Adaption is your friend, and your enemy
Adaption is a fantastic thing. Your body works quickly to help you survive longer. But this leads to stagnation in your exercise gains if your goal is more than just survival.
The way to beat adaption is to keep confusing your brain and body. Confusion means that it does not know what it is trying to survive for - and it has to keep catching up with your new demands.
When I started to exercise - after being diagnosed with Type 2 diabetes - - the improvements came relatively quickly.
I lost about half a kilogram each month, the exercise became less tiring, and I could feel that I was regularly gaining a little extra strength.
Back then, 20 years ago, I had no idea my body was working against me, to make me so efficient that my progress would plateau.
It was only when I joined a Bodypump class, about 2 years after starting at the gym, that I noticed how quickly the effort levelled out.
After 5 or 6 weeks the effort was far less.
Luckily the Bodypump program changes their "release" every 6 weeks or so for exactly this reason - to shock the body back into working harder.
I also learnt about "progressive overload" - to keep on adding weight to your bar, in small increments. This also keeps your body guessing and having to get out of its comfort zone and start adding strength again.
After a couple of years of Bodypump, I had great results. I was much stronger, looked more conditioned, and had a better body composition. But for most of the class, this was not the case.
I observed that most of the class had not changed in that same period. They looked far better than when they started, but they stagnated after 6 months. That's because they kept the same comfortable loads on their bars - no progressive overload.
Even though they benefited from the changing "releases" of exercises, their bodies became very adapted to the general style of training.
Your body perceives your goals from your activity
Here's the point, your body will do the maximum it can achieve to help you survive for as long as possible. The body interpolates our regular activity into long-term survival goals.
The universal factors which your body adapts are these:
Each of these adaptions can be both positive and negative.
If you do the same weight training for months on end, then the muscles become so efficient that they are no longer stressed, and stop developing. There's no harm, but you may become disappointed by the lack of gains. You can shock your system with movement variations or using cable machines or even bodyweight exercises for a period.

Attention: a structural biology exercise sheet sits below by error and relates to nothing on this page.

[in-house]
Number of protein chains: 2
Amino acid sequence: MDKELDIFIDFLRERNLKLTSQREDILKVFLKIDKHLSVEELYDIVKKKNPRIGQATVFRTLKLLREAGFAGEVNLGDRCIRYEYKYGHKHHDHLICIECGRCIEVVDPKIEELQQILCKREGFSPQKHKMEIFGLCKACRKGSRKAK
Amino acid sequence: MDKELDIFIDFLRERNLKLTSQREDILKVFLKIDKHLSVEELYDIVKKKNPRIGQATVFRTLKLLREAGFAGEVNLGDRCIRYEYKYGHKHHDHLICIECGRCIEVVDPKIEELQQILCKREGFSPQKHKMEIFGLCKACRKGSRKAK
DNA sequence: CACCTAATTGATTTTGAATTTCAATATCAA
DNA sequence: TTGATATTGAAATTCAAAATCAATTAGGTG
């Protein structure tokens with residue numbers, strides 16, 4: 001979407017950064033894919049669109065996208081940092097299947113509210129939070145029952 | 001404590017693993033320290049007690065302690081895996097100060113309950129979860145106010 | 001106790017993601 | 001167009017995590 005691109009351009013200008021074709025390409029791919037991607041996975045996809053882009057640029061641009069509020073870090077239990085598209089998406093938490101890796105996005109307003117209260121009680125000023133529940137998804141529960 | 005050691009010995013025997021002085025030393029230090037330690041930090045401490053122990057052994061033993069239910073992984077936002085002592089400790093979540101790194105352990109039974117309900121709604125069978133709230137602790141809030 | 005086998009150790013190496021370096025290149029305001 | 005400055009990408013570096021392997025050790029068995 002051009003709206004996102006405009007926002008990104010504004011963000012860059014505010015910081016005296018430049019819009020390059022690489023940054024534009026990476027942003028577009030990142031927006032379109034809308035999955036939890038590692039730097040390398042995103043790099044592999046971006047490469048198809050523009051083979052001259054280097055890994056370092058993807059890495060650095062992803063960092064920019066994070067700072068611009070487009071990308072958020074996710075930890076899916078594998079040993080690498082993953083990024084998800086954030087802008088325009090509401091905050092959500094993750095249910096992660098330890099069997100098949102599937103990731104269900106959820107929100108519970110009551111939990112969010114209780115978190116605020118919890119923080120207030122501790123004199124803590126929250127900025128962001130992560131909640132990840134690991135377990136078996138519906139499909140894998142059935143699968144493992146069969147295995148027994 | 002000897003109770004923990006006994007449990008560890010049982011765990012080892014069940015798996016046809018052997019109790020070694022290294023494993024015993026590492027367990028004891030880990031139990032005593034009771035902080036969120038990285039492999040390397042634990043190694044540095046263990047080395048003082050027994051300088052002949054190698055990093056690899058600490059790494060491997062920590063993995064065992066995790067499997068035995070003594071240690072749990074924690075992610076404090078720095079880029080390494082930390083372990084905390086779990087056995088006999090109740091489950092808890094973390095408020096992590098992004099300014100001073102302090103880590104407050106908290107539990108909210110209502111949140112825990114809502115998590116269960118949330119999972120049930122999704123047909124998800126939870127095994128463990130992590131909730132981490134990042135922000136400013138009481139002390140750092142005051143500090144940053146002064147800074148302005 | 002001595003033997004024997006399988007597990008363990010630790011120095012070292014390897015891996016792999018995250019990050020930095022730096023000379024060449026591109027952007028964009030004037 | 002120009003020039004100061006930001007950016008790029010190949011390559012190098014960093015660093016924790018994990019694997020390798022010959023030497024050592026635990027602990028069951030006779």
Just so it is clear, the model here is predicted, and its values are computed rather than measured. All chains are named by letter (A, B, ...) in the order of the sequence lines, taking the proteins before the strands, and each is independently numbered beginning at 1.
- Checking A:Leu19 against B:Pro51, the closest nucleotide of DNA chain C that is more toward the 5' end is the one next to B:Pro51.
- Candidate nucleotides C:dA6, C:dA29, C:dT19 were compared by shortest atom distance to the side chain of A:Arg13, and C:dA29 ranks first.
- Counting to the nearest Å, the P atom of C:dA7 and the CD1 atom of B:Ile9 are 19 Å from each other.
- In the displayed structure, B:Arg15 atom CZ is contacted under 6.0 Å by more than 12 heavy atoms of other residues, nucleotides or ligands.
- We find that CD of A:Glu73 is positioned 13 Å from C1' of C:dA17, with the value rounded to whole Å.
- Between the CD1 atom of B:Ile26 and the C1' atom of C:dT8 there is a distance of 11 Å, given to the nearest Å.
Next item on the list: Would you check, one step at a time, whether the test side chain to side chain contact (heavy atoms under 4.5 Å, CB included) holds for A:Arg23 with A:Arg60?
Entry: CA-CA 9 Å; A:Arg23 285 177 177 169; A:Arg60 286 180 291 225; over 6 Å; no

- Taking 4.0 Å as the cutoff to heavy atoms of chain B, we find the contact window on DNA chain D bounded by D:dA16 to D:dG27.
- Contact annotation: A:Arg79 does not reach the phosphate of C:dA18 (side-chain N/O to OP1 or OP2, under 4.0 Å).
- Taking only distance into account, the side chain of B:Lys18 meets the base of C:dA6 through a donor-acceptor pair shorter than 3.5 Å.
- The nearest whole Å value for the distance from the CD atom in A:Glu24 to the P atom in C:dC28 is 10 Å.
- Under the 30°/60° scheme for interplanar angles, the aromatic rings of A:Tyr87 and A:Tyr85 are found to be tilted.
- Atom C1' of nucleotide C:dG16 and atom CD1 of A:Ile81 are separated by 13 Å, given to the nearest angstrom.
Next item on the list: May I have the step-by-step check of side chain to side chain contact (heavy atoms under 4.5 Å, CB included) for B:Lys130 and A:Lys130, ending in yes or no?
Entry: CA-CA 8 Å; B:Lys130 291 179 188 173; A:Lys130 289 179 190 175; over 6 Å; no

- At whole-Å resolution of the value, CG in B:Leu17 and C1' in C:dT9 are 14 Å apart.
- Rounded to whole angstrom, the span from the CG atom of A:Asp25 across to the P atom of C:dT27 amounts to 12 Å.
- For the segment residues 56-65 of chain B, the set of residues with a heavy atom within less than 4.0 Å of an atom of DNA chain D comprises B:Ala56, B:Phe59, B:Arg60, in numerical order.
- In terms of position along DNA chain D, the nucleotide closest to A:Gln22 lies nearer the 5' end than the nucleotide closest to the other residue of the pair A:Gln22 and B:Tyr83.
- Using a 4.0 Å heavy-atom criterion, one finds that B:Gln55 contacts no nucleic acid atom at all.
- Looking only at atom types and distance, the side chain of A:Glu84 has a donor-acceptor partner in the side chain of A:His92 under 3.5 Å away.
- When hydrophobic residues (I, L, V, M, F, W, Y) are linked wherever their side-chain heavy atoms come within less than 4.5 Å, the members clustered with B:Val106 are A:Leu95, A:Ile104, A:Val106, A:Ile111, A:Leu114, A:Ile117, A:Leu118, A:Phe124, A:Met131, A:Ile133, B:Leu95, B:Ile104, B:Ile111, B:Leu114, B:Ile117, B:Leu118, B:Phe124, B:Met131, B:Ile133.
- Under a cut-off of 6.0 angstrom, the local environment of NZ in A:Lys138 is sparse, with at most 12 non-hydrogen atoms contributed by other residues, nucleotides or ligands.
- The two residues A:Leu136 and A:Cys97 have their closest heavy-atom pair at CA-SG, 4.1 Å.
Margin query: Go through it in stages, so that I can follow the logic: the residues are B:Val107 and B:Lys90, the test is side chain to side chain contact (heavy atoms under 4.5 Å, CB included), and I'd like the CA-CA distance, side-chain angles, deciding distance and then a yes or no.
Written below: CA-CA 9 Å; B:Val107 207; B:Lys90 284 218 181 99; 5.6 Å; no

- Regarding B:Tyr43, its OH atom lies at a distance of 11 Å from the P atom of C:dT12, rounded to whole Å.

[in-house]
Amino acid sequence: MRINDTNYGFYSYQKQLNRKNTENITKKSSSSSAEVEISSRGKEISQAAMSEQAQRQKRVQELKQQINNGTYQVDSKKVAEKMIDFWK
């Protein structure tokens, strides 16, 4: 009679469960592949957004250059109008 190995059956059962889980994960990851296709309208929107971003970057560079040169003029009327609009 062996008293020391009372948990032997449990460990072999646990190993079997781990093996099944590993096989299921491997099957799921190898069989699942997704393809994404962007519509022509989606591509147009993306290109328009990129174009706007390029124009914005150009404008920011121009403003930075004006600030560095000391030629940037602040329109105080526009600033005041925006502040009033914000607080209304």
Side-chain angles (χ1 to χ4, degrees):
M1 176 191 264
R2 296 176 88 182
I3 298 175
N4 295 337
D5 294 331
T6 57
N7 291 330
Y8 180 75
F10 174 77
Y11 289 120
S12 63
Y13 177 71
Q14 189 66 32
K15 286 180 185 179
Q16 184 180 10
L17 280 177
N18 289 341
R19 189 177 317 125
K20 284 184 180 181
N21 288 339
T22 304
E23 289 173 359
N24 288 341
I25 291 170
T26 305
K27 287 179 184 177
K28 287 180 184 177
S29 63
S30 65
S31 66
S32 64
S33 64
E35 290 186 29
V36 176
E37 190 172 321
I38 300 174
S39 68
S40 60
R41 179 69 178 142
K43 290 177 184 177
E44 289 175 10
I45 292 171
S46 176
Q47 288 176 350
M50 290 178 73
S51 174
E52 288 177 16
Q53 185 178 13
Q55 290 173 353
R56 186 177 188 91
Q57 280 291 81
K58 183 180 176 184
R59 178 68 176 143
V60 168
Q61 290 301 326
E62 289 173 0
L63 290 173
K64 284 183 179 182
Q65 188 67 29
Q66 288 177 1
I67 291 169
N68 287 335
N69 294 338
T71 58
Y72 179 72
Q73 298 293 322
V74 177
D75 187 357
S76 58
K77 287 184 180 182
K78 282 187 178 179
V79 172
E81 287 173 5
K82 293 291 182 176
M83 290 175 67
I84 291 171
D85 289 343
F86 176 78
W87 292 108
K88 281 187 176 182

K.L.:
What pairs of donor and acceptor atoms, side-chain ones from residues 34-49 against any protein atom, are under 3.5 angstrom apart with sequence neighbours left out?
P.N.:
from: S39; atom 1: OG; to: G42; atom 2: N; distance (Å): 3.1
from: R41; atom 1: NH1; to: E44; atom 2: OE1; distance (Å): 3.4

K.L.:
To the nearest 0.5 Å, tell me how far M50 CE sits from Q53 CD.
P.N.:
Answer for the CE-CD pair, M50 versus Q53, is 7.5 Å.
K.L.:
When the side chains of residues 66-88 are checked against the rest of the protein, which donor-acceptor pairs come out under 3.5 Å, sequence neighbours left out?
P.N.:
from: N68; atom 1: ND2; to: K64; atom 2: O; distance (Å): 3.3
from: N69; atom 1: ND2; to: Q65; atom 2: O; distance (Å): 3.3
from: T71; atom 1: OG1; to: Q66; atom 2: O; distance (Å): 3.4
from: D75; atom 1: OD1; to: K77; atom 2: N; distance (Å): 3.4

If you run at the same pace all the time, then the aerobic and muscular adaptions reach a peak and stop (1,2, and 3 above). If you have goals for time or distance, you may become disappointed that you're not making progress. You can shock your stable system with interval training to improve your times.
Adaptions #4, #5, and #6 are where problems can occur and the most important reason for you to keep your body guessing.
For example, if you mainly just run then your body assumes that you want to run longer and use your energy more efficiently. It sheds muscles that add weight but are not needed to run further and sheds bone mass for the same reasons.
That's what happens if you do a disproportionate amount of "cardio" and especially the running machines. Women tend to do this, and yet they should be doing everything possible to avoid bone loss.
The same problem arises if you mainly cycle, but even worse because you are not carrying your body weight with your skeletal system.
In a test of bone density among professional athletes, professional cyclists ranked the lowest of all. If you are a woman, that's highly undesirable.
Mix it up
In fact, cycling is a spectacular way to illustrate the power of adaption. Have you had that experience where you are riding your bike - as a casual bike rider - and been quickly passed by someone who does not look too healthy? If you saw them off the bike, you'd think that they need to do some exercise and pay attention to their weight?
That's because their body has adapted to be very efficient on a bike, even though they don't look great elsewhere.
The answer for regular runners and cyclists is to do complementary exercises which rebuild their muscularity and skeletal strength. Typically those are resistance exercises including bodyweight exercises.
For all of us, the lesson is that our body is continuously working to help us achieve what it perceives to be our goal - based on our regular patterns of exercise.
This can not only limit our gains but also have adverse consequences for our overall muscle mass and bone mass (and density).
There are exceptions. If you are a pro and work to the extreme of adaption e.g. pro cyclist or pro lifter, then this can only be achieved after the neurological adaptions are stabilised. You can’t mess with them too often. But you know what to do.
For the rest of us - mix it up. Get variations into your program and activities, and enjoy the new feeling of rewiring your body every six weeks or so.
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Since I was diagnosed at 50 with Type 2 diabetes I've been learning how to do bone-building fitness training which lowers my age. You can too. It's your choice. Walter